We the People: Civic Engagement as a Systemic Process

One of three conversation maps from the workshop.

We’ve all seen it: photos of young and old people of all colors and sizes holding up incisive and sometimes sassy cardboard signs commenting on or accusing big business, government, the Man of all the things that are true and relevant about our times that need to change. And these days, there is a surge of these photos far and wide from cities all across the world. What are they doing? They are participating in an egalitarian process that is known as the Occupy Movement.

There is a strong legacy of civic engagement stemming back to the 1910s and the Suffragette Movement, the 1920s during the Depression, the 1960s protesting the wars in Vietnam and Cambodia. Despite, or perhaps in spite of the historical significance of change through protestation, the public perception of the Occupy Movement has been mixed, confused and muddled:

young disenfranchised youth protesting economic hardship; homeless people camping out on city hall lawns and in parks; hooligans rustling up trouble and making extraordinary messes; the unemployed grumbling instead of trying to find a job. All of this has pointed to the fact that very few people listening to mainstream media have a clear understanding about the real aim of the Occupy Movement.

We were curious about this perception and we saw incredible value to the energy and enthusiasm lighting people’s fires in Occupies across the land. We wanted to learn more, and find out what it was that people needed that we might be able to provide. An initial query led to the reality that new social technologies are needed that empower groups to quickly share information and move into strategies–no matter the content, and without a focus on personality. We were excited: we knew the systemic methods we work with could serve to meet this need.

Emerging Themes Group Notes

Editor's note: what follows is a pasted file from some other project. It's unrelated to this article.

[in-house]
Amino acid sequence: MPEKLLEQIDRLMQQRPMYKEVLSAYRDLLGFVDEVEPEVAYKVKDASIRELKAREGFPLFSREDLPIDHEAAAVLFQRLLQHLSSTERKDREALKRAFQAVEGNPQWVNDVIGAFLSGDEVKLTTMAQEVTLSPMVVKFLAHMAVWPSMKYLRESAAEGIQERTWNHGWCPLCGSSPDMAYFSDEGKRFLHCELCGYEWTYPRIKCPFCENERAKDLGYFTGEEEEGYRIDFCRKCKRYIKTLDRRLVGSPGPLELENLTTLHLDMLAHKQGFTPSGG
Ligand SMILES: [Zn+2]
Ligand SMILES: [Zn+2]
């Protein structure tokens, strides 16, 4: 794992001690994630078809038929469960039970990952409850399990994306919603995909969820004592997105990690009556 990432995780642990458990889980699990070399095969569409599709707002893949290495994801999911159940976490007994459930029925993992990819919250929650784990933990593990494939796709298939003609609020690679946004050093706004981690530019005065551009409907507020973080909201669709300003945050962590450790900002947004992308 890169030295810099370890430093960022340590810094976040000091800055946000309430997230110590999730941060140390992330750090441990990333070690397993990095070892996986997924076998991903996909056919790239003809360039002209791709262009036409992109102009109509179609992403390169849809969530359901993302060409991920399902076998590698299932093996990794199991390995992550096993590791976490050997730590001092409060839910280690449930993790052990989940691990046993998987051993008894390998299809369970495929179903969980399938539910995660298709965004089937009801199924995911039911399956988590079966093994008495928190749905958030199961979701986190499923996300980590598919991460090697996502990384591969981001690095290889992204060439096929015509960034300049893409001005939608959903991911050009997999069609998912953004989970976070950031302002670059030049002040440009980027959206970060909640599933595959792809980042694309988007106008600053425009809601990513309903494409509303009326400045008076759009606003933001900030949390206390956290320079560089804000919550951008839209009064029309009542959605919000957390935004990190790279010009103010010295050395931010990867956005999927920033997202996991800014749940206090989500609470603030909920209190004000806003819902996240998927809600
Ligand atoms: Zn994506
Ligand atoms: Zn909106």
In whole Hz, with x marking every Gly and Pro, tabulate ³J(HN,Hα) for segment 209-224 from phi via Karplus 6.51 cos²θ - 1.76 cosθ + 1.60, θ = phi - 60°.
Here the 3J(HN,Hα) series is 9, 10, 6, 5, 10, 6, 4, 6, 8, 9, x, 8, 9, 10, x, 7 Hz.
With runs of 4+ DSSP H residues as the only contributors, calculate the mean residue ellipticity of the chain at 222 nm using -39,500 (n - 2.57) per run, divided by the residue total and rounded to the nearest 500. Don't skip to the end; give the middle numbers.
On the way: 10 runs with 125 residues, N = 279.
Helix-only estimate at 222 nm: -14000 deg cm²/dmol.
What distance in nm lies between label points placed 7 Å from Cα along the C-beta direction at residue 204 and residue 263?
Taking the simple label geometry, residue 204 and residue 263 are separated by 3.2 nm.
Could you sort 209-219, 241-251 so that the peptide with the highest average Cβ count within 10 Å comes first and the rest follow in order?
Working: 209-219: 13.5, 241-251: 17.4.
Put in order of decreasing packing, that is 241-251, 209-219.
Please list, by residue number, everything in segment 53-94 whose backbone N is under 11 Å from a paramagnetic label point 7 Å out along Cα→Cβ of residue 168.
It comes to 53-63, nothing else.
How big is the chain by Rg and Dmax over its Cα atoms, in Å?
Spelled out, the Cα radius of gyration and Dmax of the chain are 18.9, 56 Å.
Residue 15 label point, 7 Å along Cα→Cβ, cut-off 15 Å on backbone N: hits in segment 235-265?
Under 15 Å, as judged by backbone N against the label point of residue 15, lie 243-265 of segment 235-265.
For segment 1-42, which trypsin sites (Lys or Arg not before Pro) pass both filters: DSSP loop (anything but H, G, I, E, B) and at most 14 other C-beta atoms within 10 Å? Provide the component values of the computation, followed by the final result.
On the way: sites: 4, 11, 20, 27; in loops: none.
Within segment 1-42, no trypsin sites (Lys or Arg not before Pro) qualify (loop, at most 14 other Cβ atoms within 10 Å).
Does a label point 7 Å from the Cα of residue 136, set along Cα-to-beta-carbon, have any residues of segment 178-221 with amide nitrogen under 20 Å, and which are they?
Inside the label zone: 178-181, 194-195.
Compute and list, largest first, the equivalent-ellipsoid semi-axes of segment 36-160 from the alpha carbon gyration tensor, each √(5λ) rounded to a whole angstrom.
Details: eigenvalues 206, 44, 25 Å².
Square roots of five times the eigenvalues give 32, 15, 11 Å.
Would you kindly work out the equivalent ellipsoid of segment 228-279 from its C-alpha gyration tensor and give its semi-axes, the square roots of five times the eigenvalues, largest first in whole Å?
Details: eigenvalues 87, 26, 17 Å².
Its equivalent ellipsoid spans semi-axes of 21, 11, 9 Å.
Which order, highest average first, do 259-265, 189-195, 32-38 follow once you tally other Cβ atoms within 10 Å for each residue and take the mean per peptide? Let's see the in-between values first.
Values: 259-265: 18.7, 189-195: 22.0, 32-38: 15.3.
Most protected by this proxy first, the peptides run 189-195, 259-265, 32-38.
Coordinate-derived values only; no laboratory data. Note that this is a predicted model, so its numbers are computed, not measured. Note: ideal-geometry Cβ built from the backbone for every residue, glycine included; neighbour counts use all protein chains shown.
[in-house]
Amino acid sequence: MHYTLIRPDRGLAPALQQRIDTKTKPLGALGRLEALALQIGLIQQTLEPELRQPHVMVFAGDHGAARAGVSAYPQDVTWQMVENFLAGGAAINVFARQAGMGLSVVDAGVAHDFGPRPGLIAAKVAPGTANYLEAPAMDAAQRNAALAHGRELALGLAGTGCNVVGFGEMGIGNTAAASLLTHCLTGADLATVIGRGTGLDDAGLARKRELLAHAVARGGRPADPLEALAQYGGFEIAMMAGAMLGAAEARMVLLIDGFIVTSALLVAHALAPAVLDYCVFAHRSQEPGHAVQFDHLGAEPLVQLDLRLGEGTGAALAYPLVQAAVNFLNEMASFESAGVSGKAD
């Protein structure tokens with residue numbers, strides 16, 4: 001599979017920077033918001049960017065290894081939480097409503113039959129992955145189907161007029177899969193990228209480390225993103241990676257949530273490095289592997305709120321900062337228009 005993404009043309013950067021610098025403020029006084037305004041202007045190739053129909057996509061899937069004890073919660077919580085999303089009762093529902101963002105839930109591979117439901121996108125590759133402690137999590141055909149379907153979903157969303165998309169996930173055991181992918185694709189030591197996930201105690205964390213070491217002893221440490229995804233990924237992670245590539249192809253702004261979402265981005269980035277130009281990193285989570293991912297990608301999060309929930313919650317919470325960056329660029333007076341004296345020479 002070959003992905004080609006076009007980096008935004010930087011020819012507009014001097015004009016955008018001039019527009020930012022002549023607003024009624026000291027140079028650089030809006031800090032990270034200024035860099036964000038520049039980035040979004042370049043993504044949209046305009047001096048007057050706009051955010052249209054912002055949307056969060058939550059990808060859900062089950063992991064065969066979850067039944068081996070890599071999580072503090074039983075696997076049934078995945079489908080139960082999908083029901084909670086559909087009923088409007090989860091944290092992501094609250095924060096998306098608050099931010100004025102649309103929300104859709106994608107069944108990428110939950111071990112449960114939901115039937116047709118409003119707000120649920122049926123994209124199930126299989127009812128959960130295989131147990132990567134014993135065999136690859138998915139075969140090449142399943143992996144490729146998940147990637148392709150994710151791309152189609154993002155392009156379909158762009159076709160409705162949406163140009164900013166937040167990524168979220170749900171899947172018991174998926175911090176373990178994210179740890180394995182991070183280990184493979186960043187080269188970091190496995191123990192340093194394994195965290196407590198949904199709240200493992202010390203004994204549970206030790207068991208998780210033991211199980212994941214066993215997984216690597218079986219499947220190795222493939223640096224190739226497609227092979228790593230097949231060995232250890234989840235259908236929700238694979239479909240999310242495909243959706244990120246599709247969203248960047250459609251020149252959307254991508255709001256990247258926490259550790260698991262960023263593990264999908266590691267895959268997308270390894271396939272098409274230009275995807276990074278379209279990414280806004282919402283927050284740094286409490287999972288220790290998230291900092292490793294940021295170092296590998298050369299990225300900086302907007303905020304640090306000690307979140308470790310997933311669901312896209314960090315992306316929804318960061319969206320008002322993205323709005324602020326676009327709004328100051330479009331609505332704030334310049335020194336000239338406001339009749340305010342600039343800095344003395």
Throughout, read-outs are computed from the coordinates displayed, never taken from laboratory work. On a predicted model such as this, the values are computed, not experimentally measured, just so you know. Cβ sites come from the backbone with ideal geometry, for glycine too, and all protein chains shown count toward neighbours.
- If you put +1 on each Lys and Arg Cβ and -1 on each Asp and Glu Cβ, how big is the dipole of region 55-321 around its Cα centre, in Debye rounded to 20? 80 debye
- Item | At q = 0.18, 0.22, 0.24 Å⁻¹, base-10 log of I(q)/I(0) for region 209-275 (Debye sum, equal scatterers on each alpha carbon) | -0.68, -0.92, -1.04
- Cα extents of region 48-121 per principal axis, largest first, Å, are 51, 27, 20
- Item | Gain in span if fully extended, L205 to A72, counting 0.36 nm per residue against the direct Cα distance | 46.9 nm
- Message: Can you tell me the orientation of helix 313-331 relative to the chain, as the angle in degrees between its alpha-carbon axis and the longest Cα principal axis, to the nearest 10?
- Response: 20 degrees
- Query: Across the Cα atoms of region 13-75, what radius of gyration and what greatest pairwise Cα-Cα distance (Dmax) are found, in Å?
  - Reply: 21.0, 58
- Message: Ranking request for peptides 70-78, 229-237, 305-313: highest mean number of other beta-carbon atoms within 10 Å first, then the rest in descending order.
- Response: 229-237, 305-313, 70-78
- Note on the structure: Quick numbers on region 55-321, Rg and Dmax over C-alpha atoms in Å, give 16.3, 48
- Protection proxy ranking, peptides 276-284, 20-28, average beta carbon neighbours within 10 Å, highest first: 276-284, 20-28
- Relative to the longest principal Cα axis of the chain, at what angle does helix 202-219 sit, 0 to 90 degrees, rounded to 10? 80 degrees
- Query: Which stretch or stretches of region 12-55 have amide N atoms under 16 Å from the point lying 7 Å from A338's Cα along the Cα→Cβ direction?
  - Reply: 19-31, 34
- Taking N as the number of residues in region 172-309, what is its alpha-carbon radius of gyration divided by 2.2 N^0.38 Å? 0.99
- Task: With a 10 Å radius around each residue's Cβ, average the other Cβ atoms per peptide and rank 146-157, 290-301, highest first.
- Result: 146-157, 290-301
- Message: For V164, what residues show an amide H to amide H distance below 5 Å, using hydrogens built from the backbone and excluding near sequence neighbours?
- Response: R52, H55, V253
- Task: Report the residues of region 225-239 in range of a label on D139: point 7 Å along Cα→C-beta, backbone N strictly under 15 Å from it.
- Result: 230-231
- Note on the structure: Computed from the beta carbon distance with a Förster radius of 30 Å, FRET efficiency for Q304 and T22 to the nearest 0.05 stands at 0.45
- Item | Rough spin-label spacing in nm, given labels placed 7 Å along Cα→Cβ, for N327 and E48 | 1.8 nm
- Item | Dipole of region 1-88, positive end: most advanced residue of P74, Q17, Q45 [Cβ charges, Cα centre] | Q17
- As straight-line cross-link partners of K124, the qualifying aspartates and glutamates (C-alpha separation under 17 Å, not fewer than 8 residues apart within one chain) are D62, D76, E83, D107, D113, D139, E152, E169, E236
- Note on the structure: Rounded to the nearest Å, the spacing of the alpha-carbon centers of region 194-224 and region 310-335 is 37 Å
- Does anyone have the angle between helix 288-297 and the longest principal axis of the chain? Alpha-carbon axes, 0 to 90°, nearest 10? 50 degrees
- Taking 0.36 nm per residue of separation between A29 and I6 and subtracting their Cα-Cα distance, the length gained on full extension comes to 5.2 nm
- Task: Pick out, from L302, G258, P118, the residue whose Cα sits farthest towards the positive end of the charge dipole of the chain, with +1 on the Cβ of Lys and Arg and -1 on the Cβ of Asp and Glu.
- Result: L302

We decided to host a free two-day facilitation-development lab for people involved in the Occupy Movement at Rudolf Steiner College on January 21-22. Thirteen participants showed-up from all over: Santa Cruz, San Francisco, Berkeley, Sonoma County, and Sacramento. They came with a wide range of experiences and levels of engagement in the Occupy Movement. Together, we learned more about systemic processes that nurture egalitarian engagement, transparency, and community building. We also examined some of the challenges facing the Occupy Movement with particular emphasis on how General Assemblies (GAs) are run; how people easily burn out; how difficult it is to translate the characteristics of the Occupy Movement in mainstream media because there is no central demand–which has been the characteristic outreach tactic from previous civic movements.All of these issues were explored systemically: everyone got their say, everyone felt empowered to have something to offer, everyone walked away with an significant new tool in their toolbox.
Occupy is taking a stand against the system that has distorted and trapped our humanity; it is about a reclamation of that humanity. I think of the spectrum of participants and of all that came out of our workshop: what emerged was a greater interest in bridging the gap between those who “get it” and those who don’t. We were renewed in our enthusiasm to continue to engage systemic processes that inspire everyone to participate in shaping a social order that is well balanced between form and freedom. 
We’ll continue to explore these threads and more in May at our next Collecting the Wisdom of the Crowd workshop.  More to come soon.
Leslie Loy has worked in the non-profit sector for over ten years, focusing on integrating youth and social technologies to impact social renewal. Her work with youth began in her teens when she become a youth advocate and representative on numerous community-wide groups and facilitated a peer-led, self-organized regional publication. She has been active in giving voice to youth social activists and providing diverse forums for them to engage in, both on and off-line. She was a founder and later Director of WeStrive.org, an alternative social networking platform, a Community Facilitator for the Anthroposophical Youth Section in North America, she lived and worked in a Camphill community supporting young adults with special needs and abilities, and a volunteer coordinator for college students to become actively involved in addressing complex issues within their own communities.

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